Prevalent premalignancy

Adam S. Sperling and Benjamin L. Ebert

The presence of hematologic malignancy–associated mutations in the blood of individuals without cytopenias or dysplasia has been termed clonal hematopoiesis of indeterminate potential (CHIP), a clinical entity associated with increased age, risk of developing hematologic malignancy, and decreased overall survival.1 Two papers in this issue of Blood take different approaches to advance our understanding of the frequency and clinical characteristics of clonal hematopoiesis. Zink et al analyze whole genome sequencing data from the blood of >11 000 healthy Icelandic individuals, and Buscarlet et al perform targeted sequencing on the blood of 2530 healthy older women.2,3

The presence of clonal hematopoiesis was first inferred from the finding that X-chromosome inactivation, predicted to be a purely stochastic event, is often skewed in the blood of otherwise healthy women, a subset of whom were later shown to harbor mutations in the TET2 gene.4 In addition, hematopoietic stem cells (HSCs) carrying preleukemic mutations can be detected in both leukemia and remission samples obtained from patients.4 More recently, the presence of somatic variants in the blood of healthy individuals has been used to identify and characterize clonal hematopoiesis. Analysis of exome sequencing data from >30 000 people identified recurrent somatic hematologic malignancy–associated mutations in up to 10% of patients over the age of 65.5-7 Together, these findings have led to a model in which HSCs acquire mutations over time leading to clonal expansion and eventually to overt malignancy.8

Most somatic mutations are biologically silent passenger events that create a mutational signature marking each HSC and its progeny.9 The presence of a detectable collection of somatic mutations within the blood is therefore suggestive of clonal expansion from a single HSC. Zink et al take advantage of a passenger mutation analysis to develop an unbiased statistical method to measure outliers based on the number of detectable somatic mutations in order to identify clonal hematopoiesis without depending on the presence of known driver mutations. They find the prevalence of clonal hematopoiesis to be almost double that previously reported within each age group, rising to >50% of those >85 years old. A candidate hematologic malignancy–associated driver mutation could only be identified in ∼40% of these cases. Clonal hematopoiesis, with or without a candidate driver mutation, was associated with increased risk of hematologic malignancy and death. One caveat to their analytic approach is that not all individuals with a detectable somatic driver mutation had enough passenger mutations to meet mutational outlier criteria for clonal hematopoiesis.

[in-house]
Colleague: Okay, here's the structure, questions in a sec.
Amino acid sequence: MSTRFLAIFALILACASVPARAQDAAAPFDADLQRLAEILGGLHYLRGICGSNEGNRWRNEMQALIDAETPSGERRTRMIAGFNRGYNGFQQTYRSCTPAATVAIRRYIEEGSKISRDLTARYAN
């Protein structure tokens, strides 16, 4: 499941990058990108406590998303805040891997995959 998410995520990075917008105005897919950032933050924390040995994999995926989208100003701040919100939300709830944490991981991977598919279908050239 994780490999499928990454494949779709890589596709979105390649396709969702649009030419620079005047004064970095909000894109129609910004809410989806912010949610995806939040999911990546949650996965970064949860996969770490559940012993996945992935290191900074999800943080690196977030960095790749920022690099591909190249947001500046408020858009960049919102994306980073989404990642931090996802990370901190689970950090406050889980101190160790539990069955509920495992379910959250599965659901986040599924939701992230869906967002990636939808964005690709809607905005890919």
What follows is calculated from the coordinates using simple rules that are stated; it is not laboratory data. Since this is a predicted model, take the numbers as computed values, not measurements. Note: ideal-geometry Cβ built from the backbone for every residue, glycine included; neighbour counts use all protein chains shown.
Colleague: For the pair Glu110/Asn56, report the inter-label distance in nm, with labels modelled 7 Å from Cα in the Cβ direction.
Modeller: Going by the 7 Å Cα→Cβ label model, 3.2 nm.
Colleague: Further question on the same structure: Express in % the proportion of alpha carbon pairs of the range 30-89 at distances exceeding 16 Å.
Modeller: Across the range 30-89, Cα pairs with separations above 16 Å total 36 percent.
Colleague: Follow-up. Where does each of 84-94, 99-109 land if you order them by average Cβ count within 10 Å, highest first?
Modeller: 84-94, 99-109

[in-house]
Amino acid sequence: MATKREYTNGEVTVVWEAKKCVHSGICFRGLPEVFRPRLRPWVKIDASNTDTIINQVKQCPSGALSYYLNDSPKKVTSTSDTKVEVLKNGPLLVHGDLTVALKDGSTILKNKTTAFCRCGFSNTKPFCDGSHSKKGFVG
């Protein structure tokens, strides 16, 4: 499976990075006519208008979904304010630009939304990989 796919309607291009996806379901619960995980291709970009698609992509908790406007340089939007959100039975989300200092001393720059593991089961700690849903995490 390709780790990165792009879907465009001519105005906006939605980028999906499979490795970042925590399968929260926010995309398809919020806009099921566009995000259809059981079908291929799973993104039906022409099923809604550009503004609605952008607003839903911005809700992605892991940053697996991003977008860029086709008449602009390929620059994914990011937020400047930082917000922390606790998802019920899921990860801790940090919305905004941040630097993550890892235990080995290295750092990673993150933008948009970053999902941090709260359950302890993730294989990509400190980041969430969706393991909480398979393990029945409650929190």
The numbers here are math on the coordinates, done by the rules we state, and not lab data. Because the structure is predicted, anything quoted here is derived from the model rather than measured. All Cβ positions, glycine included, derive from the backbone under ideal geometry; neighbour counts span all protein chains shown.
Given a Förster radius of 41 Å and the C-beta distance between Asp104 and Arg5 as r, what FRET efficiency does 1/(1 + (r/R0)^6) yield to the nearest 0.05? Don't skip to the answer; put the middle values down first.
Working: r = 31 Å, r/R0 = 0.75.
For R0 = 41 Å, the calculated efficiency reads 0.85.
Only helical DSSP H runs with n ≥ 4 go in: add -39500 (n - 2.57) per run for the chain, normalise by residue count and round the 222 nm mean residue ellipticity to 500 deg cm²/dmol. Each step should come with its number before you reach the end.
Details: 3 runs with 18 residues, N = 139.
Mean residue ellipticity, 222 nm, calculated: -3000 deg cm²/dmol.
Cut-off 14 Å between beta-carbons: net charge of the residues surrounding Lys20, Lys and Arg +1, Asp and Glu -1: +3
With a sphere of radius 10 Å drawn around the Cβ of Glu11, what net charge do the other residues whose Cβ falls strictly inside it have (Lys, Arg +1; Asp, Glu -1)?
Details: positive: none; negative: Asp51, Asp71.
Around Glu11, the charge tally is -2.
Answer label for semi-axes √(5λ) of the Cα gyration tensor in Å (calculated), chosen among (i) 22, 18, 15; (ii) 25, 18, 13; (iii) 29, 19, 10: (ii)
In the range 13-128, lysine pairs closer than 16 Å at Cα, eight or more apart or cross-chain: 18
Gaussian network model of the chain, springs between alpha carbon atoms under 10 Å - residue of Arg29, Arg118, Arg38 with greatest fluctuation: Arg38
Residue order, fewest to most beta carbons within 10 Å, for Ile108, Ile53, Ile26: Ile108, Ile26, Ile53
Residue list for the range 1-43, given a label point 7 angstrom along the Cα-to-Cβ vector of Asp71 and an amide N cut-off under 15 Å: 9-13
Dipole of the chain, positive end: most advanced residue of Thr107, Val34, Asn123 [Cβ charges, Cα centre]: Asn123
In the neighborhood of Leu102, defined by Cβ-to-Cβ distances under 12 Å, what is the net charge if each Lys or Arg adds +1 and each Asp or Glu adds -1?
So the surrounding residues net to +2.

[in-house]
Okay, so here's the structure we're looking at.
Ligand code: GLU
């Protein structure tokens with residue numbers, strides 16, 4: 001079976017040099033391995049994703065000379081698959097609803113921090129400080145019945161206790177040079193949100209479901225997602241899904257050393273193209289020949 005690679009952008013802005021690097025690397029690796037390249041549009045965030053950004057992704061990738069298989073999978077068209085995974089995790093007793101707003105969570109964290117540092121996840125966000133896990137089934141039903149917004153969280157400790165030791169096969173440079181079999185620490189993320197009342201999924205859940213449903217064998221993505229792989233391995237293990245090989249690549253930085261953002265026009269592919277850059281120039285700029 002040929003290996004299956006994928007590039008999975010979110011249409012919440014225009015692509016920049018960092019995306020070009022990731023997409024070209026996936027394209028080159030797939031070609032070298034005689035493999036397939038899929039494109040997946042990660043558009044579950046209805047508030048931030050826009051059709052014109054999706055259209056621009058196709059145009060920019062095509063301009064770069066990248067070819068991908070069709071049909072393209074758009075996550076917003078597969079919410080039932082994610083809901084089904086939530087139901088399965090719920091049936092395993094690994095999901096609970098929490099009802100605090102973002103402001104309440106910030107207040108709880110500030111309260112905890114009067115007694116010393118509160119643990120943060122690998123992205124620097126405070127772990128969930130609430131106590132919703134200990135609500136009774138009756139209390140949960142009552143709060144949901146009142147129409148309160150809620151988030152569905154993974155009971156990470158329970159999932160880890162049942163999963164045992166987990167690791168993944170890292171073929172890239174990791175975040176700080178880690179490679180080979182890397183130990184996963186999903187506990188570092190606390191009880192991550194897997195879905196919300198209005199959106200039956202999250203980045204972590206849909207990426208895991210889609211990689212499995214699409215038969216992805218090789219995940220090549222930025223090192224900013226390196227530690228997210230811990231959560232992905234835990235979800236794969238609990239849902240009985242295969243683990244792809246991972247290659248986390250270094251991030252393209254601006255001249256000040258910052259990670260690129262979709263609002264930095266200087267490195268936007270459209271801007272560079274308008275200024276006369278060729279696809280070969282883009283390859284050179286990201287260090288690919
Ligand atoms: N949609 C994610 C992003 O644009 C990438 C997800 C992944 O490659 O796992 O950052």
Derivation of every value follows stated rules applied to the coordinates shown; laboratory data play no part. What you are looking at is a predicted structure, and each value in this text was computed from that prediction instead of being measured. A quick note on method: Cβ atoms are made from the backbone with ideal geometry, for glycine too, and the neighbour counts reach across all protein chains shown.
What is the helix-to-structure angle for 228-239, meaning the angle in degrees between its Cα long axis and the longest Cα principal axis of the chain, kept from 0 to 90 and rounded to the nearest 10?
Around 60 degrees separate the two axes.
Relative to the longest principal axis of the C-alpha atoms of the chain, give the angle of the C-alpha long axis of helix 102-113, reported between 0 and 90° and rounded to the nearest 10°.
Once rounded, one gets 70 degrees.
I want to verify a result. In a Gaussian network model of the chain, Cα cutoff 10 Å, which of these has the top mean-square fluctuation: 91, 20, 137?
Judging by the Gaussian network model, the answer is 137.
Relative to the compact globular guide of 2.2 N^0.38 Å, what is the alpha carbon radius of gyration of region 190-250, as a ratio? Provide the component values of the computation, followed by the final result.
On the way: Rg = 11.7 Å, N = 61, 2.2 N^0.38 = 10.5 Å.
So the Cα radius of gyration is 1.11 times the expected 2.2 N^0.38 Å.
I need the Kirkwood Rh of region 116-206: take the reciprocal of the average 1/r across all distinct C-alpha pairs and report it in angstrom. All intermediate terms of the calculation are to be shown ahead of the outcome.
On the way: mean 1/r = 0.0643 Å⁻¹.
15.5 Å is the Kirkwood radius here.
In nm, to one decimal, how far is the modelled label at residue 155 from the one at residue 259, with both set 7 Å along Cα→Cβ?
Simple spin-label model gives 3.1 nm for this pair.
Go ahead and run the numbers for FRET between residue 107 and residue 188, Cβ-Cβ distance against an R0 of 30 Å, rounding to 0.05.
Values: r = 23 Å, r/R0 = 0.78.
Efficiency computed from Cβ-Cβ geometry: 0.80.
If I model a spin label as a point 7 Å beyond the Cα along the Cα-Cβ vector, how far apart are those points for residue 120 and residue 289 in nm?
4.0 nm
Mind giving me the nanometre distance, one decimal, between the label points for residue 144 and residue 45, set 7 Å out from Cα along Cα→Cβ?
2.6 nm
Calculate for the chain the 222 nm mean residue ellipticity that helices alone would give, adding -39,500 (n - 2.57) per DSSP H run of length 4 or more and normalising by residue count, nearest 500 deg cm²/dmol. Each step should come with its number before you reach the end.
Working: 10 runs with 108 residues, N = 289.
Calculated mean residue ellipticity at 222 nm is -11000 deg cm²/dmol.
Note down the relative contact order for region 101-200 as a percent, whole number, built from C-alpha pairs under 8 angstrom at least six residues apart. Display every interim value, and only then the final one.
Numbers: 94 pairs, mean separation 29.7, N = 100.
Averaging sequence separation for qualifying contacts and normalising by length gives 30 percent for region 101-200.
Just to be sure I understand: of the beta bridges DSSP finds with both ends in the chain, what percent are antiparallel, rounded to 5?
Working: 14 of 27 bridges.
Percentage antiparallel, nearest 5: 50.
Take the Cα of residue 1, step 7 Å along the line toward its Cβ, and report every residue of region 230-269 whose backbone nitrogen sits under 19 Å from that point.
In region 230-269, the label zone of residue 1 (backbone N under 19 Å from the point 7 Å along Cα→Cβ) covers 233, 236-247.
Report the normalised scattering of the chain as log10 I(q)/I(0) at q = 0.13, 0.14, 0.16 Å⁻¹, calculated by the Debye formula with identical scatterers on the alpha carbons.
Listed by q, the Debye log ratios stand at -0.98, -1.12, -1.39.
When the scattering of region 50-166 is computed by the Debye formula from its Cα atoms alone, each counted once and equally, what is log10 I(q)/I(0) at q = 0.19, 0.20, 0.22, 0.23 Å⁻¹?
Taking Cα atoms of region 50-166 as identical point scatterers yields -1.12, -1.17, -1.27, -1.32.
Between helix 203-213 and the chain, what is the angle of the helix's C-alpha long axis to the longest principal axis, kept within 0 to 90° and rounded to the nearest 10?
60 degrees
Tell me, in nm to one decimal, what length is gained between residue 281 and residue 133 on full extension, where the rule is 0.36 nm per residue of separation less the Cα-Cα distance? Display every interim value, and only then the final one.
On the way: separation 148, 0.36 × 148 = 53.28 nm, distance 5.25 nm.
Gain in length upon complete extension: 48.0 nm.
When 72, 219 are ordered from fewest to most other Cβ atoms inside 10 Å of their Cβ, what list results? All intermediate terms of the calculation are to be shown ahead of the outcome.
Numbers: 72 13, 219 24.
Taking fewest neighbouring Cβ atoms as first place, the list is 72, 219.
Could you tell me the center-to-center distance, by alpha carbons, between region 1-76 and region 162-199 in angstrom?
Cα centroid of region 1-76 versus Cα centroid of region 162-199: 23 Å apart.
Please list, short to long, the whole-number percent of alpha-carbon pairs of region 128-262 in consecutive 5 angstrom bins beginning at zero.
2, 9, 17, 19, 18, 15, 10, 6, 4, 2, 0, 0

Buscarlet et al measure clonal hematopoiesis using a targeted sequencing panel of 19 genes recurrently mutated in myeloid disease. The increased sequencing depth associated with a targeted approach likely explains the increased prevalence of CHIP (16%) seen in their cohort. The use of ultradeep, error-corrected sequencing has previously demonstrated mutations within DNMT3A or TET2 in up to 95% of older adults, suggesting that if you sequence deeply enough you can find a mutant clone in virtually all subjects.10 The most common recurrently mutated genes identified by Buscarlet et al are also DNMT3A and TET2, and these 2 genes account for a somewhat larger proportion (93%) of all mutations than in previous reports.6,7 They further assess the relationship between these mutations and a variety of hematological parameters, demonstrating no significant correlation between mutation status and any abnormality in the blood. This cohort did not have long-term outcome data available for survival analysis.